Hashrocket actually makes you feel a lot like you’re a freelancer and sharing office space with others. That’s definitely a big plus and eventually helps satisfaction and productivity. There aren’t many companies and offices out there where you can play a bit of ping pong during your working hours.

Anyway, I have been working alone from home lately. Sometimes I wouldn’t mind to get out and breath a little office atmosphere. I guess a mixture might be the best (for me), since I wouldn’t like to have to go to an office every day.

Matt Linderman from 37signals also just reminded me to take in account the time you lose every day and week for your commute when working outside of home. Also, Hashrocket’s online book club is bringing you an office with smart programmers to your home every Tuesday to kind catch up with the missing office atmosphere. After all, working “on the road” also might not be a bad idea.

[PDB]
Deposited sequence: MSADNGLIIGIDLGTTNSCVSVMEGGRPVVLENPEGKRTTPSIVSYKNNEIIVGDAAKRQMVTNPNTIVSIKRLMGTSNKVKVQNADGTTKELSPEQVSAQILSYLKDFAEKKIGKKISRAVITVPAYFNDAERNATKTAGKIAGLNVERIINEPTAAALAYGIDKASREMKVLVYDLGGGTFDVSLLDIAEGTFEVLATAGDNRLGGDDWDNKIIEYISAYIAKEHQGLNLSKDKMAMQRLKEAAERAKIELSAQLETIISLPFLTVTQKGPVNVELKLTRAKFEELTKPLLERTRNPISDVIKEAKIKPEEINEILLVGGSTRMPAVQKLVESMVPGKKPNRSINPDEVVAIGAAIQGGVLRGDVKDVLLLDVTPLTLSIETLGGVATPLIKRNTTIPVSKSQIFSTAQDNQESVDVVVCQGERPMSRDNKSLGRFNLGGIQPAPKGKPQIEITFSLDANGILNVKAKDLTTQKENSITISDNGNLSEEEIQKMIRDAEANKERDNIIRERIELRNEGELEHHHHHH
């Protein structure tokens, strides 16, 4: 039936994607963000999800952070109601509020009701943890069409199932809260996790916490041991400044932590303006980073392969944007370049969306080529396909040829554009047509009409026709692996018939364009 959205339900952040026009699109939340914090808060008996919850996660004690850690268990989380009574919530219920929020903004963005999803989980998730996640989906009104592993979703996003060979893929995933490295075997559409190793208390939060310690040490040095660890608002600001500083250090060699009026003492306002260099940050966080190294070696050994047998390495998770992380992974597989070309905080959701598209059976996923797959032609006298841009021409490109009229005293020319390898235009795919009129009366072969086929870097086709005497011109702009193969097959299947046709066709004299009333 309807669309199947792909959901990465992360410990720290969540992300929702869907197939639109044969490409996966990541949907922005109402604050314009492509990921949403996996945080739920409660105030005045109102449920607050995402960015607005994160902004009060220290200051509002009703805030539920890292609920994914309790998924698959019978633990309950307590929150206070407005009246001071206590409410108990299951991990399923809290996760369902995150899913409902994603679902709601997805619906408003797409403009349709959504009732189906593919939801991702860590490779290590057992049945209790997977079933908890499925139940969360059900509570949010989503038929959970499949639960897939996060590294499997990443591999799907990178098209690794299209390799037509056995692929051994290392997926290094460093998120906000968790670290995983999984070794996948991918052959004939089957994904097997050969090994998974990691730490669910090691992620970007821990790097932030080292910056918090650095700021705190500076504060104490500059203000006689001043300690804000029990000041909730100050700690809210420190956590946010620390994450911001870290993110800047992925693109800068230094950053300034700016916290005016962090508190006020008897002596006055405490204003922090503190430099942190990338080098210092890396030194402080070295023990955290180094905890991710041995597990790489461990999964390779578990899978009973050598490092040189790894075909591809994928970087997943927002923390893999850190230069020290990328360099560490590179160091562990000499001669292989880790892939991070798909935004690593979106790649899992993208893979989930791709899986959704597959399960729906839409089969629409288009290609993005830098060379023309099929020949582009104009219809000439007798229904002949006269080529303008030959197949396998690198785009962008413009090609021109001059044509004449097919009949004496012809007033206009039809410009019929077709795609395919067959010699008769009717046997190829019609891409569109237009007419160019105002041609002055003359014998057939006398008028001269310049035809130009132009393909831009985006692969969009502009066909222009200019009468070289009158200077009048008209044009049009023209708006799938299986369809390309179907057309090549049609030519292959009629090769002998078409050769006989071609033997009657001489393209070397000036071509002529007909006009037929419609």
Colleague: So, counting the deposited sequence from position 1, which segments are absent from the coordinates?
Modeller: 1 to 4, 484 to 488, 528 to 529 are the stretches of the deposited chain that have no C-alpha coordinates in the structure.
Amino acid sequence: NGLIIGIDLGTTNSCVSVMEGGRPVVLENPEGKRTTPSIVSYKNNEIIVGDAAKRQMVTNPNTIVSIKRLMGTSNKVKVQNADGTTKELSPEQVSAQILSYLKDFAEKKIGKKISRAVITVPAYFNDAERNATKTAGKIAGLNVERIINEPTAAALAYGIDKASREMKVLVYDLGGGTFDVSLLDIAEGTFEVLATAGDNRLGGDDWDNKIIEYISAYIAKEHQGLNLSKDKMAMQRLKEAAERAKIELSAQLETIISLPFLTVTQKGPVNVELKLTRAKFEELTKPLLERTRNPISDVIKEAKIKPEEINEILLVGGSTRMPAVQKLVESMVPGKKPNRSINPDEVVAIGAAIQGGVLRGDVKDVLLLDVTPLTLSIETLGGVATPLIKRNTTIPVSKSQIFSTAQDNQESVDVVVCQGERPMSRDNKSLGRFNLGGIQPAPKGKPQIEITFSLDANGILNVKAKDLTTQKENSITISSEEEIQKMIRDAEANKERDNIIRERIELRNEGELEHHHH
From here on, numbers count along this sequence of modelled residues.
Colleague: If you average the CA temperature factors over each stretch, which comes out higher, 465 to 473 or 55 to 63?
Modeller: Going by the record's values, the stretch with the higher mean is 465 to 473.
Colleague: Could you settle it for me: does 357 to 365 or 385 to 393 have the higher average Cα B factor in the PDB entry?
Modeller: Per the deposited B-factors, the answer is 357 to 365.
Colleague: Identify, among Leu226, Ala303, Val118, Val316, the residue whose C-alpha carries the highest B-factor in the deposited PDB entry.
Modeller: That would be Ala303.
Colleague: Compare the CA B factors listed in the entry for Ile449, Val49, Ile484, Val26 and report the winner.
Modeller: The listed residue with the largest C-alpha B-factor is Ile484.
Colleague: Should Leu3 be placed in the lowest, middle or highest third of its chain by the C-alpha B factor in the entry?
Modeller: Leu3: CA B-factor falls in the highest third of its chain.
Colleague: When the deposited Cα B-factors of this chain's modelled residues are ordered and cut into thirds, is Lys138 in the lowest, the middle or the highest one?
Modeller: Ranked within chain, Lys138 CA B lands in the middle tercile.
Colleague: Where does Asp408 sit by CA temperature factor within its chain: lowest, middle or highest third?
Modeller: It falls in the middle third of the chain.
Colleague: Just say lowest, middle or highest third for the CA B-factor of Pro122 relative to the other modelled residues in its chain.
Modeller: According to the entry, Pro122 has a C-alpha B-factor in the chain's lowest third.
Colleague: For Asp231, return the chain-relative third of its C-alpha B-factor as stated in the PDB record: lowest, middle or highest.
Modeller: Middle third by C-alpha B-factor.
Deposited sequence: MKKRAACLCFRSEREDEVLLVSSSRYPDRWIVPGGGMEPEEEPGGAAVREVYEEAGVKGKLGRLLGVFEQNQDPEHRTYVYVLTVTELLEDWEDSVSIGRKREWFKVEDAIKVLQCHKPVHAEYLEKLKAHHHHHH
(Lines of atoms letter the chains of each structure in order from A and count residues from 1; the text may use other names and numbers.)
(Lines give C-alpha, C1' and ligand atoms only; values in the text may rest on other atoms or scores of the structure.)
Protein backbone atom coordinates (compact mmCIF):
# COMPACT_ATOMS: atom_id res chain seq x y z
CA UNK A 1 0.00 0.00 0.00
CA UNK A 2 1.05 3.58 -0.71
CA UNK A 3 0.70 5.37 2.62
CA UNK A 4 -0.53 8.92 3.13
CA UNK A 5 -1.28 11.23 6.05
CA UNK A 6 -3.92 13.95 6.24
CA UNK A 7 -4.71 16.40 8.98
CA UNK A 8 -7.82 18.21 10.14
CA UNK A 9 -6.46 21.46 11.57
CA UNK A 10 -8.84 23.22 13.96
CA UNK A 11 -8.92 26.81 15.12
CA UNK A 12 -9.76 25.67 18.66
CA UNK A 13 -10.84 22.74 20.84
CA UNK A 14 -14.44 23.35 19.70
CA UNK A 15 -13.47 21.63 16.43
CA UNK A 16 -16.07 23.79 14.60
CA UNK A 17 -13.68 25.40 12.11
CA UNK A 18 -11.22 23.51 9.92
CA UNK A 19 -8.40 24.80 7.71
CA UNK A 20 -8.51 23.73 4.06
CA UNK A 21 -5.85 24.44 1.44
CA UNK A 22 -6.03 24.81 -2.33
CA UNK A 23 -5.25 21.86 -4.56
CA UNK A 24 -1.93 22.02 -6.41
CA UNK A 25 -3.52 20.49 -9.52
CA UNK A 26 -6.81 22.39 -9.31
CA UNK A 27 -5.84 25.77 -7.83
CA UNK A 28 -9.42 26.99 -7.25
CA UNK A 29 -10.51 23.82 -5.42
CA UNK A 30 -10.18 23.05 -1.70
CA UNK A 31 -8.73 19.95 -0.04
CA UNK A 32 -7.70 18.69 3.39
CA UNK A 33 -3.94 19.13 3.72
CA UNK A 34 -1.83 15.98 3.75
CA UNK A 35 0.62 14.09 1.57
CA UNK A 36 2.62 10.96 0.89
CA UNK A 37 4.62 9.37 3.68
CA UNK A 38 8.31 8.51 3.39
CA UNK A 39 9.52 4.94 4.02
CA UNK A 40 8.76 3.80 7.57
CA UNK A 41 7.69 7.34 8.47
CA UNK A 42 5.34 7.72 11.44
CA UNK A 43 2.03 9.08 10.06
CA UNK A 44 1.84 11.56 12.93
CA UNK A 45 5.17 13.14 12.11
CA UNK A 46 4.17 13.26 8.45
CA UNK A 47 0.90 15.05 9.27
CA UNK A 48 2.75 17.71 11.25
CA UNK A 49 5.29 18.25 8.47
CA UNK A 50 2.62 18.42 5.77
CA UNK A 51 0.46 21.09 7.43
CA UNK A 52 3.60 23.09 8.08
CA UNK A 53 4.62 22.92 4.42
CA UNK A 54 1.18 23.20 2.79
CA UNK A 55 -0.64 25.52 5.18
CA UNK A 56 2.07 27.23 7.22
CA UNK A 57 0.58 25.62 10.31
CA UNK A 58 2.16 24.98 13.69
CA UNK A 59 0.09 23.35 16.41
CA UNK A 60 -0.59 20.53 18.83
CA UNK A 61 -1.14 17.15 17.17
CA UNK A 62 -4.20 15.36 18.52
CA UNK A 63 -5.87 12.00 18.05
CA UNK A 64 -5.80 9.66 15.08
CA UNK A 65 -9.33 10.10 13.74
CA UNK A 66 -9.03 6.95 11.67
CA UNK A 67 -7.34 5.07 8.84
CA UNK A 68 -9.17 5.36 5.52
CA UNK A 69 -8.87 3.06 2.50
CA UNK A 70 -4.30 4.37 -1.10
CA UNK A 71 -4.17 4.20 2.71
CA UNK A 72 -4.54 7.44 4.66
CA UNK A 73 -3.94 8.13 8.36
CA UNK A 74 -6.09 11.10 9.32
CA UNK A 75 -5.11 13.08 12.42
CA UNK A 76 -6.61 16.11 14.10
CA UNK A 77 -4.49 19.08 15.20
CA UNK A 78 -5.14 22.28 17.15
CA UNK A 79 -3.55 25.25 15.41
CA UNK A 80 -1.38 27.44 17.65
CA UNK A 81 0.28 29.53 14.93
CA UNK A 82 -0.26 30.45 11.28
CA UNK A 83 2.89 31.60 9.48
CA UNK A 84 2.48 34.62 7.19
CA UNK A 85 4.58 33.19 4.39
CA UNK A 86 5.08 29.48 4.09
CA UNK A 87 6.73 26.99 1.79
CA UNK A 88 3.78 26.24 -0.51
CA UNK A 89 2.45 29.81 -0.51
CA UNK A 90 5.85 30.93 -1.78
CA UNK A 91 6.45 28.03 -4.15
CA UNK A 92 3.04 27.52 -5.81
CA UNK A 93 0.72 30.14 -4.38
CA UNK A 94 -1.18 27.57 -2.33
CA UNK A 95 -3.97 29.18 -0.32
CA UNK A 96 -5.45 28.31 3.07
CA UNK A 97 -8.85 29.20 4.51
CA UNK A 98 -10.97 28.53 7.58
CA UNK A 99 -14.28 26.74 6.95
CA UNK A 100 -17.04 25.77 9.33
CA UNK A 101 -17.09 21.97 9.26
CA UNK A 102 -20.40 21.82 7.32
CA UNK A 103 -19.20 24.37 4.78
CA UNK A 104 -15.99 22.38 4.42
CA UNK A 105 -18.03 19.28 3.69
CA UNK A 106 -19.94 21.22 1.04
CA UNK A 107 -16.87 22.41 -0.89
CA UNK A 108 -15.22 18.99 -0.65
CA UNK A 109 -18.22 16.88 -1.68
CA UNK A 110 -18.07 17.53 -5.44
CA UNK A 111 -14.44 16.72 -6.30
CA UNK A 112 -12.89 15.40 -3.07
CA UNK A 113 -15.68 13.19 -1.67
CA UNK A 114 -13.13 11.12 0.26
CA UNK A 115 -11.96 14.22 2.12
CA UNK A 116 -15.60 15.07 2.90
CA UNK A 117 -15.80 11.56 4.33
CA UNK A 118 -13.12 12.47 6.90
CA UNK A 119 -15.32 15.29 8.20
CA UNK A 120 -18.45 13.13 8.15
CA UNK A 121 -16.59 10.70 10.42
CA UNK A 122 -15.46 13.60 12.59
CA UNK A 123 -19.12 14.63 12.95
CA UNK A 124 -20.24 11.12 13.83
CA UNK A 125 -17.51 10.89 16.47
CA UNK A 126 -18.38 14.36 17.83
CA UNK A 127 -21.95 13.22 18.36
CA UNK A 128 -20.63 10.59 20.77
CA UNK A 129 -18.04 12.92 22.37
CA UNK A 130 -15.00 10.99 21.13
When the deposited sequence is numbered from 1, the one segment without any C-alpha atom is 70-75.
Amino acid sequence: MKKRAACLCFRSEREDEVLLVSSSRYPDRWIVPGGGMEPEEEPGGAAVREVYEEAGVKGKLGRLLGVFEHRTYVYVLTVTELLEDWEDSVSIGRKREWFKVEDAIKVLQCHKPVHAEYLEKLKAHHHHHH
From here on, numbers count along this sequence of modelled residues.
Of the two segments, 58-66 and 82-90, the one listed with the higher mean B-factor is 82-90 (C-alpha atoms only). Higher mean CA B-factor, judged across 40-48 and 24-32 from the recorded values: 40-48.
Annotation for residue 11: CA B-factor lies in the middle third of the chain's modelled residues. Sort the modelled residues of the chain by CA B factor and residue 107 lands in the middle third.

Vim vs. Textmate

At the stand up meeting in the morning I mentioned that I’m using Textmate as my editor for Rails projects. Gestures of some attendees let me know that I’m old-school (or new-school?). Anyway, it turned out that Hashrocket’s editor of choice is Vim (with a rails.vim plugin from their own Tim Pope).

I could see the advantages such as vertical split screen (i.e. model file on the left, model’s spec file on the right), faster copying & pasting and having all in the console. Together with the keyboard issue, about which I’m talking in the next section, this has admittedly giving me a kind of hard time throughout the day though, since I just wasn’t used to it. Anyway, vim will be worth a try.

English Keyboard vs. German Keyboard

I’m German and I have been using German keyboards throughout my life time. Unfortunately, they don’t use German keyboards in America. ;) So typing y and z’s or Ruby common characters _, @ and ? was a little tricky and time intensive.